The urban opportunities for the global university

While our journey with the UAL continues to unfold, we have several reflections to share about the changing role of urban universities in the 21st century.

The first is conceiving of university developments as joint ventures with mutual benefits resulting from collaboration between the academic, public and private sectors. Institutions need state of the art facilities in desirable and well-connected locations. Developers want the cultural capital, footfall and prestige that a university anchor can offer. Local authorities value the clustering of civic infrastructure and employment uses that these institutions provide. By coordinating these ambitions and, crucially, having the weight of a commercial partner, multiplier effects can be leveraged. University estates have become more savvy about their influence on major sites and they can leverage this to obtain favourable decisions from local planning authorities, perhaps even obtaining incentivised rates if the land is state or developer owned. A joint venture approach can also ensure that governance, planning and design are well-integrated and, therefore, that university masterplans can be adapted more effectively over time, as demands, requirements, finances or circumstances change.

Linked to this is the need to balance global outlooks with local impacts. Universities are in competition with each other to develop strong industry partnerships, recruit world-class faculty and students as well as secure global research funding and donations. This international perspective is vital but it should benefit (rather than work against) the particular needs of communities where the institutions are situated. Urban universities should be oriented in such a way that maximises the transfer of knowledge for social and economic benefit. Opportunities for inclusive engagement, collaboration, upskilling and employment for local people should be embedded throughout the development process and post-occupancy.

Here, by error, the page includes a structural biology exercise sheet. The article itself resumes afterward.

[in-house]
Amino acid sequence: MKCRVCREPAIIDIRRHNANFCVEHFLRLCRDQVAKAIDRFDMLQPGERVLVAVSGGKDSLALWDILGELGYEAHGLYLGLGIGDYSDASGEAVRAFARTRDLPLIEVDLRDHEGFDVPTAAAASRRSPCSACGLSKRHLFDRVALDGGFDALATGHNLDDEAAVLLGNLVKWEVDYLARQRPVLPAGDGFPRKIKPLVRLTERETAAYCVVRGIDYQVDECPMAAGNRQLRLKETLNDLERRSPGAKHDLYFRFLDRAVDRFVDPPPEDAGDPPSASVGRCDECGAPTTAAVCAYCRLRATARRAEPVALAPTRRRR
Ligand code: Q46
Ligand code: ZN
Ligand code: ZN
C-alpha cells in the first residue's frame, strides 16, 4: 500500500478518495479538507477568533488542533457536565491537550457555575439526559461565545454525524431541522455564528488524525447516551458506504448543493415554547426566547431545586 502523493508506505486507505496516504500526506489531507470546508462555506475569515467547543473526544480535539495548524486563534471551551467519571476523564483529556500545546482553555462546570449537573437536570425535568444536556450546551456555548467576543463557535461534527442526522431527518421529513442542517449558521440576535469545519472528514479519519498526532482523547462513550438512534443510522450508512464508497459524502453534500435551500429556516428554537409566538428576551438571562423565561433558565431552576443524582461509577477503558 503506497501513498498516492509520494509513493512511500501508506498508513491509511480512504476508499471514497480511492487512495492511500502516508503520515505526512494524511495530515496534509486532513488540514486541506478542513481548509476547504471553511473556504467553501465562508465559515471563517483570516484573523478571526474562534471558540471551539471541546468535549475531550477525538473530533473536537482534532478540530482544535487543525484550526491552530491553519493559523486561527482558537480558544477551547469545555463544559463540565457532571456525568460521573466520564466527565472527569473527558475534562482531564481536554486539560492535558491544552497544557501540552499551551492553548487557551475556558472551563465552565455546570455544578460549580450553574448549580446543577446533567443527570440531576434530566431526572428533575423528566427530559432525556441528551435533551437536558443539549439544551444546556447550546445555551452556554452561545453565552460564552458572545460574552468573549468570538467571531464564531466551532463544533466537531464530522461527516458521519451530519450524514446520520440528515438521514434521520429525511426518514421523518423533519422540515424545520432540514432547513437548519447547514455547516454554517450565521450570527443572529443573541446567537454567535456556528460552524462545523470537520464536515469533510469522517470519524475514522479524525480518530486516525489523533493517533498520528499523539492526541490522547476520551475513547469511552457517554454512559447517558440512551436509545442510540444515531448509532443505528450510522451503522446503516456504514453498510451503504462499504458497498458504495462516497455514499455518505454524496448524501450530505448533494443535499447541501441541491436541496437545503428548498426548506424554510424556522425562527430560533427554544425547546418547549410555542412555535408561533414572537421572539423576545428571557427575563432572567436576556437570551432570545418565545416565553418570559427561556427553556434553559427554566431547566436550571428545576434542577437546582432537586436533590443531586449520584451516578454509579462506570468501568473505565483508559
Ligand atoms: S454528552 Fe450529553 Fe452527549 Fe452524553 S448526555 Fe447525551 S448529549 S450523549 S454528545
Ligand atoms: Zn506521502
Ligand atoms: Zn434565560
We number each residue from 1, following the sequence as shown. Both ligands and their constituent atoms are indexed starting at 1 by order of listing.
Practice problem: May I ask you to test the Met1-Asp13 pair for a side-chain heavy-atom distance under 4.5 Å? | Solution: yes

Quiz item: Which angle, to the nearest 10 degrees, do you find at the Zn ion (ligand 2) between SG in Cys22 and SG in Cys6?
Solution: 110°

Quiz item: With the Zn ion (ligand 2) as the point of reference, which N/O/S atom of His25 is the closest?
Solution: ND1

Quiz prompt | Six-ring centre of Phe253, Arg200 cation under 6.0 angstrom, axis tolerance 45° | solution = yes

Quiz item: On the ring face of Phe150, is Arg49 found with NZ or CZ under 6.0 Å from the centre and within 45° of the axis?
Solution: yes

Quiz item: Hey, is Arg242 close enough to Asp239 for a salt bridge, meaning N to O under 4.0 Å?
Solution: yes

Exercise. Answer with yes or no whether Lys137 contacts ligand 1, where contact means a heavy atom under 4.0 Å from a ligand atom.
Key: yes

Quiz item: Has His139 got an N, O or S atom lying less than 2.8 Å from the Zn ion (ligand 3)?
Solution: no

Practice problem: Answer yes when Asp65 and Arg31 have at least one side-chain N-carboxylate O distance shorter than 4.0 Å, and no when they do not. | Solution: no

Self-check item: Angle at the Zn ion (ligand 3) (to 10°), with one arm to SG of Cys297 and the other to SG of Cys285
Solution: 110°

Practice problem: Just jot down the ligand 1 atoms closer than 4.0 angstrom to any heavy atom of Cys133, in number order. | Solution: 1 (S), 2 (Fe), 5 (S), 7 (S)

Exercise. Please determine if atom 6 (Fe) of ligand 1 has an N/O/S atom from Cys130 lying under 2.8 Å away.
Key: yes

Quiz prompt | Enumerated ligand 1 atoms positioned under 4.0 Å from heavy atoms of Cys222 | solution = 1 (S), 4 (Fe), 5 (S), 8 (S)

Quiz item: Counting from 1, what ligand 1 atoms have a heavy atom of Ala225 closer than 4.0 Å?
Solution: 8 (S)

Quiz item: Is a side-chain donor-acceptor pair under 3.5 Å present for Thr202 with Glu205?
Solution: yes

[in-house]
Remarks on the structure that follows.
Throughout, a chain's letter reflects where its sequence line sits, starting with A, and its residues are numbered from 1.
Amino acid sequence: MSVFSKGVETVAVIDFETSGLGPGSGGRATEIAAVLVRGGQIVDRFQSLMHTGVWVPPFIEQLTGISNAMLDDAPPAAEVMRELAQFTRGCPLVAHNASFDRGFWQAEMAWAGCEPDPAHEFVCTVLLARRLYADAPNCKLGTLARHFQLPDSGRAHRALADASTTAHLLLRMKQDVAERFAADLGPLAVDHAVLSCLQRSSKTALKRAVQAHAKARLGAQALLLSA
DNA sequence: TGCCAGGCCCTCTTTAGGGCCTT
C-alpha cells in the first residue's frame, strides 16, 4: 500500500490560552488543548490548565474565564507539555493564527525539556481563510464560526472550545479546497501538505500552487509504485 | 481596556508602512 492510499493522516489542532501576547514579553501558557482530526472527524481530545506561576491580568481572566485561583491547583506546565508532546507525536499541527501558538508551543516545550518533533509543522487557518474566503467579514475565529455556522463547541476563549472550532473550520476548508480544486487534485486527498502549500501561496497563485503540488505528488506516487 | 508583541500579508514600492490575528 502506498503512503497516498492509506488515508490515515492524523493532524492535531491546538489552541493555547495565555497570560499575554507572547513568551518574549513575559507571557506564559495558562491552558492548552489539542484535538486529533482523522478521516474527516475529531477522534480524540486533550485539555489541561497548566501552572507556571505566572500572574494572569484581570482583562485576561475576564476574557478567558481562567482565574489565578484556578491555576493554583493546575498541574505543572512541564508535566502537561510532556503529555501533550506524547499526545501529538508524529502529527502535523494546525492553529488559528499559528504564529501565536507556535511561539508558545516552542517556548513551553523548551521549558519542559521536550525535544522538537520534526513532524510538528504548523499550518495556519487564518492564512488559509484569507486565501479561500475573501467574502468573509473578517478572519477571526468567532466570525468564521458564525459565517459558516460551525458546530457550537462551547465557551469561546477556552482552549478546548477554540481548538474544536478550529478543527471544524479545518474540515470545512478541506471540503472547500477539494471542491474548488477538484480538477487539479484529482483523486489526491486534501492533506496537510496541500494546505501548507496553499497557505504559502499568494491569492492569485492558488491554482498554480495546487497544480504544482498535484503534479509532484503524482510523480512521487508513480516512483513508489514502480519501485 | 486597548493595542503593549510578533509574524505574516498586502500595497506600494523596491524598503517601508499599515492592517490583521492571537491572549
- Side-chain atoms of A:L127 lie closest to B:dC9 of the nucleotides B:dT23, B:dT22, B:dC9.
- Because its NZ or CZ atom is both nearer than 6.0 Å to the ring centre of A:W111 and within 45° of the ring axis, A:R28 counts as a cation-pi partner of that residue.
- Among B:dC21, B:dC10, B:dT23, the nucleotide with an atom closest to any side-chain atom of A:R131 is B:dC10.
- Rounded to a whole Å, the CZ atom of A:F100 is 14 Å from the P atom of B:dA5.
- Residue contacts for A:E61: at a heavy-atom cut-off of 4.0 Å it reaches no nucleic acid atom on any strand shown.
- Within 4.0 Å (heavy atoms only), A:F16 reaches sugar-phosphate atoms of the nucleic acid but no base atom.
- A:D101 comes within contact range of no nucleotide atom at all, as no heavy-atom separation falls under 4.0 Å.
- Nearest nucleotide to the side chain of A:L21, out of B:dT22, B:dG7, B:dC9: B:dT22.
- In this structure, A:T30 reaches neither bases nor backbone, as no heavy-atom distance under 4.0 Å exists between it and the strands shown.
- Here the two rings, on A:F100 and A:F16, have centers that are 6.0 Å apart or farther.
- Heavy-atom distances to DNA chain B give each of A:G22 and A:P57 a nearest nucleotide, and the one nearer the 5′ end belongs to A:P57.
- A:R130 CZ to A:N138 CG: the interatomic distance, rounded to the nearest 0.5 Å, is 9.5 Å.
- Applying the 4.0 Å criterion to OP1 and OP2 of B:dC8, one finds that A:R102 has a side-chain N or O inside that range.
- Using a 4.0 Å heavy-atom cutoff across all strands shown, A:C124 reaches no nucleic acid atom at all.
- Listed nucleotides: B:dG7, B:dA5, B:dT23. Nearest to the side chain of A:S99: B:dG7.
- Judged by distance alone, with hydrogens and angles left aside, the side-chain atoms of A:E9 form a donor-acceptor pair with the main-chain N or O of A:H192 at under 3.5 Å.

Of the city, not simply in the city: Masterplan proposal for Nalanda University, India

This leads on to a third reflection that universities need to be of the city, not simply in the city in order to thrive. This means designing with an urban ethos in mind. From a design perspective, it can take the form of different tactics: the potential of pre-existing buildings, making built heritage work better, creating street-based forms of development that provide active frontages and remain human in scale. The era of gated, inward-looking enclaves organised around ring fenced lawns has given way to more permeable campuses and learning environments with a mixture of private, public and semi-public spaces. In this sense, the physical form of university masterplans should promote creative, flexible and collaborative use-patterns between different users within and beyond the university.

In order to achieve this, greater emphasis should be placed on the provision and quality of the public realm - physical exchange is vitally important particularly in an era of virtual working. We are living in a time where social interactions - the meaningful exchanges - like the ones we have enjoyed during this conference are needed more than ever. In the drive to attract the best students, staff and funders - the physical places for interaction, discovery and participation (classrooms, galleries and labs, but also those social spaces for the accidental encounters that lead to great discoveries) are vital for institutional success.

Finally, our work is pointing towards the emergence of new building types. Driven by the scarcity of urban land and the desire for density and compactness, spatial briefs for new universities are shifting the dial from sparse, land-hungry low-rise faculty buildings towards more compact, dense and mix-used facilities. The architectural design of this emerging type is driven by diverse functional requirements and blended modes of learning, teaching and conducting research. The result is a sort of anti ivory tower. In its place is a multi-layered building typology that maximises flexibility and collaboration on tight, urban sites blurring the boundaries between city life below and university life above. Here, the faculty building of the future is performing a much broader urban role beyond its core pedagogical remit.

London College of Fashion, Queen Elizabeth Olympic Park, 2023

This paper was delivered as part of the Designing Urban Universities conference, hosted by the Department of History of Art and Architecture, Trinity College Dublin, from 22-24 June 2023.